Unfortunately, the scenario is too contrived to support this reading credibly. Everyone is suspect – possibly part of the evil conspiracy, as evidenced by an unnerving trip to a church, where a chaplain offers not so soothing spiritual comfort in dialogue carefully calibrated to obscure whether he is talking about God or demonic Abalam, who wants to find a home in Nell’s body. Furthermore, the alleged representatives of the Power of Good (called the “right-hand path”) are too closely akin to the incompetent Jedi from STAR WARS, EPISODE III: THE REVENGE OF THE SITH, who seemed to almost deliberately drive Anakin to join the Dark Side of the Force. Poor double-crossed Nell – we are led to believe – has no choice but to accept Abalam, because everyone else is so afraid of what will happen if she accepts Abalam.
Except, you know, her would-be boyfriend, whom Abalam forces to commit suicide (nice, effective way to earn your potential victim’s sympathy and convince her to submit willingly!). And her sympathetic therapist. There’s also the nagging problem that Abalam, we are told, is weak without Nell as a vessel for his power – until the script needs him to be so powerful that he cannot be exorcised,* scaring the Right-Hand Path into attempting to kill Nell in order to prevent Abalam from entering her and fulfilling an apocalyptic prophecy.
Is it any wonder the poor girl goes a little bit off the rails at the end? I mean, who wouldn’t – the script (if not the devil) made her do it. Too bad the switch from victim to victimizer feels like a half-hearted afterthought, targeting a handful of (mostly off-screen) victims. Instead of a cathartic explosion of apocalypstic proportions, we get a joy ride, a few computer-generated flames, and some rock-and-roll on the soundtrack.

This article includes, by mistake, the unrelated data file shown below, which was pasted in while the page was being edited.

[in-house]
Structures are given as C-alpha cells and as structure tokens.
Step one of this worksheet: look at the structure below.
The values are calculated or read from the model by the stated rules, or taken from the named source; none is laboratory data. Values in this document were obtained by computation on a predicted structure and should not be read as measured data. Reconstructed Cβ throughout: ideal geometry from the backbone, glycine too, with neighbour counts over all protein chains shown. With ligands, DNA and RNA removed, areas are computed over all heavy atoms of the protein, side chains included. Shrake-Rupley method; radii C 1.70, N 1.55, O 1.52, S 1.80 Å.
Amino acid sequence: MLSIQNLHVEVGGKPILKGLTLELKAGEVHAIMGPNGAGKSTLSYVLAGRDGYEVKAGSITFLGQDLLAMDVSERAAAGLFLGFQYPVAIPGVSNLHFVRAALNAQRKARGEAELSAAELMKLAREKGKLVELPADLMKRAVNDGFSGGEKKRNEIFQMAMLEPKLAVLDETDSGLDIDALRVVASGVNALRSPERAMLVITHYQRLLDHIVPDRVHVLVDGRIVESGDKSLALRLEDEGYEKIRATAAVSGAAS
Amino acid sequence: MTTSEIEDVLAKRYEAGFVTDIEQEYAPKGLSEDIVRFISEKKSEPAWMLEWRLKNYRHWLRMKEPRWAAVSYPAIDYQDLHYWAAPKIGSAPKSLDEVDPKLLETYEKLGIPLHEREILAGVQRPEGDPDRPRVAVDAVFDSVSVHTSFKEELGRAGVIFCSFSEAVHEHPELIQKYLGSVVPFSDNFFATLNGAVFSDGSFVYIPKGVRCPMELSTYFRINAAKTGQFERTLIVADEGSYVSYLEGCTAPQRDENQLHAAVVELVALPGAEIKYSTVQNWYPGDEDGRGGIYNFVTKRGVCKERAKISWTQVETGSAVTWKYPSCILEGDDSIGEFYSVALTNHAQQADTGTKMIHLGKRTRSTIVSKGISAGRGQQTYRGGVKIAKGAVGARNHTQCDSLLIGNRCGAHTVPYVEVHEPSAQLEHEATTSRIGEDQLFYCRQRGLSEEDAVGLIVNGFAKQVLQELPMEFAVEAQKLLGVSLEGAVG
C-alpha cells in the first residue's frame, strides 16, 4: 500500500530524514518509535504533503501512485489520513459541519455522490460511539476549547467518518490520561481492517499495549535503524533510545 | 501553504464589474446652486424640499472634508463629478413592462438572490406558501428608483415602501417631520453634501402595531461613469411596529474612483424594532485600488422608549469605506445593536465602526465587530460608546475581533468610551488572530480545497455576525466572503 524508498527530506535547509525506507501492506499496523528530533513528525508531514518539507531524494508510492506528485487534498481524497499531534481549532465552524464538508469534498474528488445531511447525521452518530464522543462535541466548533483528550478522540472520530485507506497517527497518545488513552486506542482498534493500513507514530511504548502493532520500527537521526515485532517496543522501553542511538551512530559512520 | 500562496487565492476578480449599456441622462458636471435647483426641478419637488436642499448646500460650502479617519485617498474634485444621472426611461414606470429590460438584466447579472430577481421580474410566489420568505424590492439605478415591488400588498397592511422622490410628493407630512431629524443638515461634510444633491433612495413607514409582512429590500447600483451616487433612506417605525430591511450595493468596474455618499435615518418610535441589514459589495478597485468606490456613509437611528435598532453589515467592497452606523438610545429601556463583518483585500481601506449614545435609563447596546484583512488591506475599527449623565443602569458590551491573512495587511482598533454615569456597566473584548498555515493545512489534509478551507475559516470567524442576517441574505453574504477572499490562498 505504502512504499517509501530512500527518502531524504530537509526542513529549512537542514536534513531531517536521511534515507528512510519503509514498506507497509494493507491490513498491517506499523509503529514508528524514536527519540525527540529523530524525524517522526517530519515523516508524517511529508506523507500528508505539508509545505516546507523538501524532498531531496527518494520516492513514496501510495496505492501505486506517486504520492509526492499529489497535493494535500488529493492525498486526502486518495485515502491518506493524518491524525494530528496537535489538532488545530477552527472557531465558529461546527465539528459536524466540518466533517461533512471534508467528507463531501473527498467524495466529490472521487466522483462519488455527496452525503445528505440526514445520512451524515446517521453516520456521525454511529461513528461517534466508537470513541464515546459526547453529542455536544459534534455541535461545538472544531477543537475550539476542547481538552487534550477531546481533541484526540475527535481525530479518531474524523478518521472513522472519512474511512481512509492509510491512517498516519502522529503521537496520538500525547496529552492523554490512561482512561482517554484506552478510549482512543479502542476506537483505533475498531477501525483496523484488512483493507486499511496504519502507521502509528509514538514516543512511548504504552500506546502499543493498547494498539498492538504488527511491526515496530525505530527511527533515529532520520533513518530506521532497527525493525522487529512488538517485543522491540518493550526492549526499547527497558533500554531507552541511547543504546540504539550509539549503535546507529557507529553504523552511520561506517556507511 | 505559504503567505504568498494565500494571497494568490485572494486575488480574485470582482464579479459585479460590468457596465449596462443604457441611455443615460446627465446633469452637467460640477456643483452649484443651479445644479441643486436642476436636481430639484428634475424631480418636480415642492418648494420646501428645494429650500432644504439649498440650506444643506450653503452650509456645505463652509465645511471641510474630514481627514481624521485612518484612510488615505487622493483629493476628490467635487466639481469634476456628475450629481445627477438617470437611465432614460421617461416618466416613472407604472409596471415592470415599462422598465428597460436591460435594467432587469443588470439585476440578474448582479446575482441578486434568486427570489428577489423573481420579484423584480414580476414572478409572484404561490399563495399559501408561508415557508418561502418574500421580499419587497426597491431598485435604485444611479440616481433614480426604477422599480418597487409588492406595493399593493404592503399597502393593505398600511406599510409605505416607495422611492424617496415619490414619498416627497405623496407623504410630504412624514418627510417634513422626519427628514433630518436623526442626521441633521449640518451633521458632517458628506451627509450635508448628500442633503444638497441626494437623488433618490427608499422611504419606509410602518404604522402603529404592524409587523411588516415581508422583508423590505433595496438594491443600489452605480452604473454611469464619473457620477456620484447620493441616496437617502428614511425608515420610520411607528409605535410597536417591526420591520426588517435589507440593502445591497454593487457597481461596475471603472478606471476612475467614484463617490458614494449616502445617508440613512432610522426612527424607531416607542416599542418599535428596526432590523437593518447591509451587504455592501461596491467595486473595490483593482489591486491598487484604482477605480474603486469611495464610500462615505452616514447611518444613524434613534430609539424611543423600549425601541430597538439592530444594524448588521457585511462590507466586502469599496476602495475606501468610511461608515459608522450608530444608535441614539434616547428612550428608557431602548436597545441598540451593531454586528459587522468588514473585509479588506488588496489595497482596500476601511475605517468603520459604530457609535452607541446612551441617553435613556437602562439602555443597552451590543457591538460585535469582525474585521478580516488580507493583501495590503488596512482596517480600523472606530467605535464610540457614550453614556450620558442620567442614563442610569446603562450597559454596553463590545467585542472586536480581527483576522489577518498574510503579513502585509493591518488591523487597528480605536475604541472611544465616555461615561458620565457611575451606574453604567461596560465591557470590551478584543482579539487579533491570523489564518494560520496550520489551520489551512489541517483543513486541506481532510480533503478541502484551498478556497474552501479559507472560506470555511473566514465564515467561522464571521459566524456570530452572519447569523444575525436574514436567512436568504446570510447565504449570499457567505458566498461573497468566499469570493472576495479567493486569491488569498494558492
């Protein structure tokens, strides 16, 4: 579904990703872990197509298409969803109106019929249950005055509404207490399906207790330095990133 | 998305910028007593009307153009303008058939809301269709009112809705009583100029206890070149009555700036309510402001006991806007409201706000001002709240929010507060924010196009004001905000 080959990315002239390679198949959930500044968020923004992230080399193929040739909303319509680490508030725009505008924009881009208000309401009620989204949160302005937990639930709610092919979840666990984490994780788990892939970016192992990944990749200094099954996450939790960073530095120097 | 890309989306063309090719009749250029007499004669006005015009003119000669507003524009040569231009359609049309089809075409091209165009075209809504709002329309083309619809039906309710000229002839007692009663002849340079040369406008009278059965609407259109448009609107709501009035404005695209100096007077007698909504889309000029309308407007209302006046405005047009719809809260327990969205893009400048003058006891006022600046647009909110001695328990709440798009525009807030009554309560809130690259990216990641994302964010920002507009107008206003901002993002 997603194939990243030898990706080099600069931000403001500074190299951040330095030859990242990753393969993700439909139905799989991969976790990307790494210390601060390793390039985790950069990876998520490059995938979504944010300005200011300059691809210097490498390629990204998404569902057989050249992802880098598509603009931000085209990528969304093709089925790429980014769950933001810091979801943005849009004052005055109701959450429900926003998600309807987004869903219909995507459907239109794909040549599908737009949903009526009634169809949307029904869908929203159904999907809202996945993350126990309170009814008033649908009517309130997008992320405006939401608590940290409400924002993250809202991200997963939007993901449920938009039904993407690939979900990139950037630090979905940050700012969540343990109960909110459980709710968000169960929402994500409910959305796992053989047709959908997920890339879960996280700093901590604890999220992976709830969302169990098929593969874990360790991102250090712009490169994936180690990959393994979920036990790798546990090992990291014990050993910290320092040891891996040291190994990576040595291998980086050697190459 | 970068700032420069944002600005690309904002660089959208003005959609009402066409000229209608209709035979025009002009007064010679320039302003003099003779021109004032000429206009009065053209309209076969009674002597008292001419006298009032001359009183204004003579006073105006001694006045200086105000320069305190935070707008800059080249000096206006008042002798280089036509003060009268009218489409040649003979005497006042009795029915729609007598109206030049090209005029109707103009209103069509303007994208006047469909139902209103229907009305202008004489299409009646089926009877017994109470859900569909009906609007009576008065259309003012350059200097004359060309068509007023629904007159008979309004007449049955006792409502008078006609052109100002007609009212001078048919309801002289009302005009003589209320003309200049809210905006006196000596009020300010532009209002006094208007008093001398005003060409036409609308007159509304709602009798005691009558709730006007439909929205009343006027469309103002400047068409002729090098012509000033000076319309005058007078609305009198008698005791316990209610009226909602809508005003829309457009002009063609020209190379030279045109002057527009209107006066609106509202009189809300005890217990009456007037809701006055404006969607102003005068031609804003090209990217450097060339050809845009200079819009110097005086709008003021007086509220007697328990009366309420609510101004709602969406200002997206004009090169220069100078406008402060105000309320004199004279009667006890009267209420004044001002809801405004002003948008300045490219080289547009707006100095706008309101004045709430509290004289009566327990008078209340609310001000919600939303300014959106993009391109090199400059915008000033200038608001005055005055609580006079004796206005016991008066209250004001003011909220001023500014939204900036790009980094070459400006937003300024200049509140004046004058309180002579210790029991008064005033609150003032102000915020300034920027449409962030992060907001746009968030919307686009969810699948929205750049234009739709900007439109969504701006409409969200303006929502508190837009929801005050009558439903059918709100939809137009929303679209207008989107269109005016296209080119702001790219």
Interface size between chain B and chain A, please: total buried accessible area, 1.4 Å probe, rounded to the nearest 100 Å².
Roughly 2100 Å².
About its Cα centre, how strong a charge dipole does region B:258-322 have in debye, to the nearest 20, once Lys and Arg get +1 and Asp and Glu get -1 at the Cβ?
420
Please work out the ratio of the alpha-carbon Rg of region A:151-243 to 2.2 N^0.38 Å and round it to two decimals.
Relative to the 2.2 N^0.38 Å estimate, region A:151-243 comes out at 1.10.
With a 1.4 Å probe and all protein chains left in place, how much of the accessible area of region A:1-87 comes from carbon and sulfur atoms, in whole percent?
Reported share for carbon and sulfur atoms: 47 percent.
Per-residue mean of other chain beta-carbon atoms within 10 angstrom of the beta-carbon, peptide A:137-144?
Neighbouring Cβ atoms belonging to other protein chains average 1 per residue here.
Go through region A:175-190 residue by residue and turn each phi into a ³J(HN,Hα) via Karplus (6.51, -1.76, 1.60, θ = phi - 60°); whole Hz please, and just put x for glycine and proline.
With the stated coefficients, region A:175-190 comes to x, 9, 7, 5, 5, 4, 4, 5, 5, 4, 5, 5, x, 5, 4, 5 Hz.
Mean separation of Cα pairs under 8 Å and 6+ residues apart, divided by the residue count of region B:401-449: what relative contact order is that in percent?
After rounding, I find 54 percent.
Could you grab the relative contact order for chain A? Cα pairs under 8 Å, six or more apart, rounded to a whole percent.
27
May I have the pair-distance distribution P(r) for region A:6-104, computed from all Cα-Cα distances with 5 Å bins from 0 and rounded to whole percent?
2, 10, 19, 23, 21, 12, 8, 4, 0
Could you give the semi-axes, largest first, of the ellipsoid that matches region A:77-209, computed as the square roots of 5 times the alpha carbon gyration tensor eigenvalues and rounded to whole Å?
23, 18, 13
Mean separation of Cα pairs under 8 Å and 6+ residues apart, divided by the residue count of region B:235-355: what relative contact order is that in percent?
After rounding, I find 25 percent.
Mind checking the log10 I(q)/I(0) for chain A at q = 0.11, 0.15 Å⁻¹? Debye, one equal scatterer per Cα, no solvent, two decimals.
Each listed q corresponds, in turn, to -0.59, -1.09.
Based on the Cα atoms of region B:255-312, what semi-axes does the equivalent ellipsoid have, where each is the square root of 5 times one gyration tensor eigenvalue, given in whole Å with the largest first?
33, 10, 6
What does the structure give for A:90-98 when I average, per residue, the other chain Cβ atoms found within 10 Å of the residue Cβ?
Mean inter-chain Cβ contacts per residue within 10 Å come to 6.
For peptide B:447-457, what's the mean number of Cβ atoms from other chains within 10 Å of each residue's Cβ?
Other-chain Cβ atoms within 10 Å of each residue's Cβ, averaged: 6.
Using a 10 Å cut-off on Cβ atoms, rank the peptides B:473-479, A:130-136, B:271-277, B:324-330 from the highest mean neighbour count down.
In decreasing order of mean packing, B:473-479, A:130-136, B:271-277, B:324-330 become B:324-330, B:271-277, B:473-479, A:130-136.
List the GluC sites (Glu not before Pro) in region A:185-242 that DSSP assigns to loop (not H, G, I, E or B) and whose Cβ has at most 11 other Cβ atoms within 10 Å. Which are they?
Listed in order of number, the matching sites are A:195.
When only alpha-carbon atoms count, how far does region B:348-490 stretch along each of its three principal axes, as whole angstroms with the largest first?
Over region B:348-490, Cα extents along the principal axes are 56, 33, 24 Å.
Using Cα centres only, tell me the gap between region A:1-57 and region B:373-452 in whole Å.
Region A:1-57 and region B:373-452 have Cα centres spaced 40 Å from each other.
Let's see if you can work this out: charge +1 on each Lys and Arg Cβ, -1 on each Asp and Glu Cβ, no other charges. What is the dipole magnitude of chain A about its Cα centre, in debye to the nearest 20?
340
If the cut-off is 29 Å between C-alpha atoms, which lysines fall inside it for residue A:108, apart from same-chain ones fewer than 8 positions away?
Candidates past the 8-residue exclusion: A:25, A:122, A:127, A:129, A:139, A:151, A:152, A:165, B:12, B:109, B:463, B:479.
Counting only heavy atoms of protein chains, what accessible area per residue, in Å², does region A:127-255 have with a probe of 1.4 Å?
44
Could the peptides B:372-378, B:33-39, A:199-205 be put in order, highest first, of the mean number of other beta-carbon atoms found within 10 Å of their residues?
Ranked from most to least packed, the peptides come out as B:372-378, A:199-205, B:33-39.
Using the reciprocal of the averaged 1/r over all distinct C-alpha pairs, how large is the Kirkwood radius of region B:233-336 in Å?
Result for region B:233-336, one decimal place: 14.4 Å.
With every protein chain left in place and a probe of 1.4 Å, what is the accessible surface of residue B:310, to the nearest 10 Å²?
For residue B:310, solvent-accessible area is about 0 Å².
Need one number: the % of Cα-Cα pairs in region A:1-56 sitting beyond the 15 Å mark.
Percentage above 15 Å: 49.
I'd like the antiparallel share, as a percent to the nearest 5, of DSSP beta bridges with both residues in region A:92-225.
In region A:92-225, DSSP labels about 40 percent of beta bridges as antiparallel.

This, it seems, is how the world ends – not with a bang but with a music video.
[rating=2] THE LAST EXORCISM PART II (March 1, 2013). CBS Films, 88 minutes, rated R. Written by Damien Chazell and Ed Gass-Donelley. Directed by Ed Gass-Donnelly. Cast: Ashley Bell, Julia Garner, Spencer Treat Clark, David Jensen, Tarra Riggs, Louis Herthum, Muse Watson, Erica Michelle, Sharice A. Williams, Boyana Balta, Joe Chrest. FOOTNOTE:
Yes, there is an exorcism in THE LAST EXORCISM PART II. Which means that THE LAST EXORCISM did not, in fact, feature the “last exorcism.”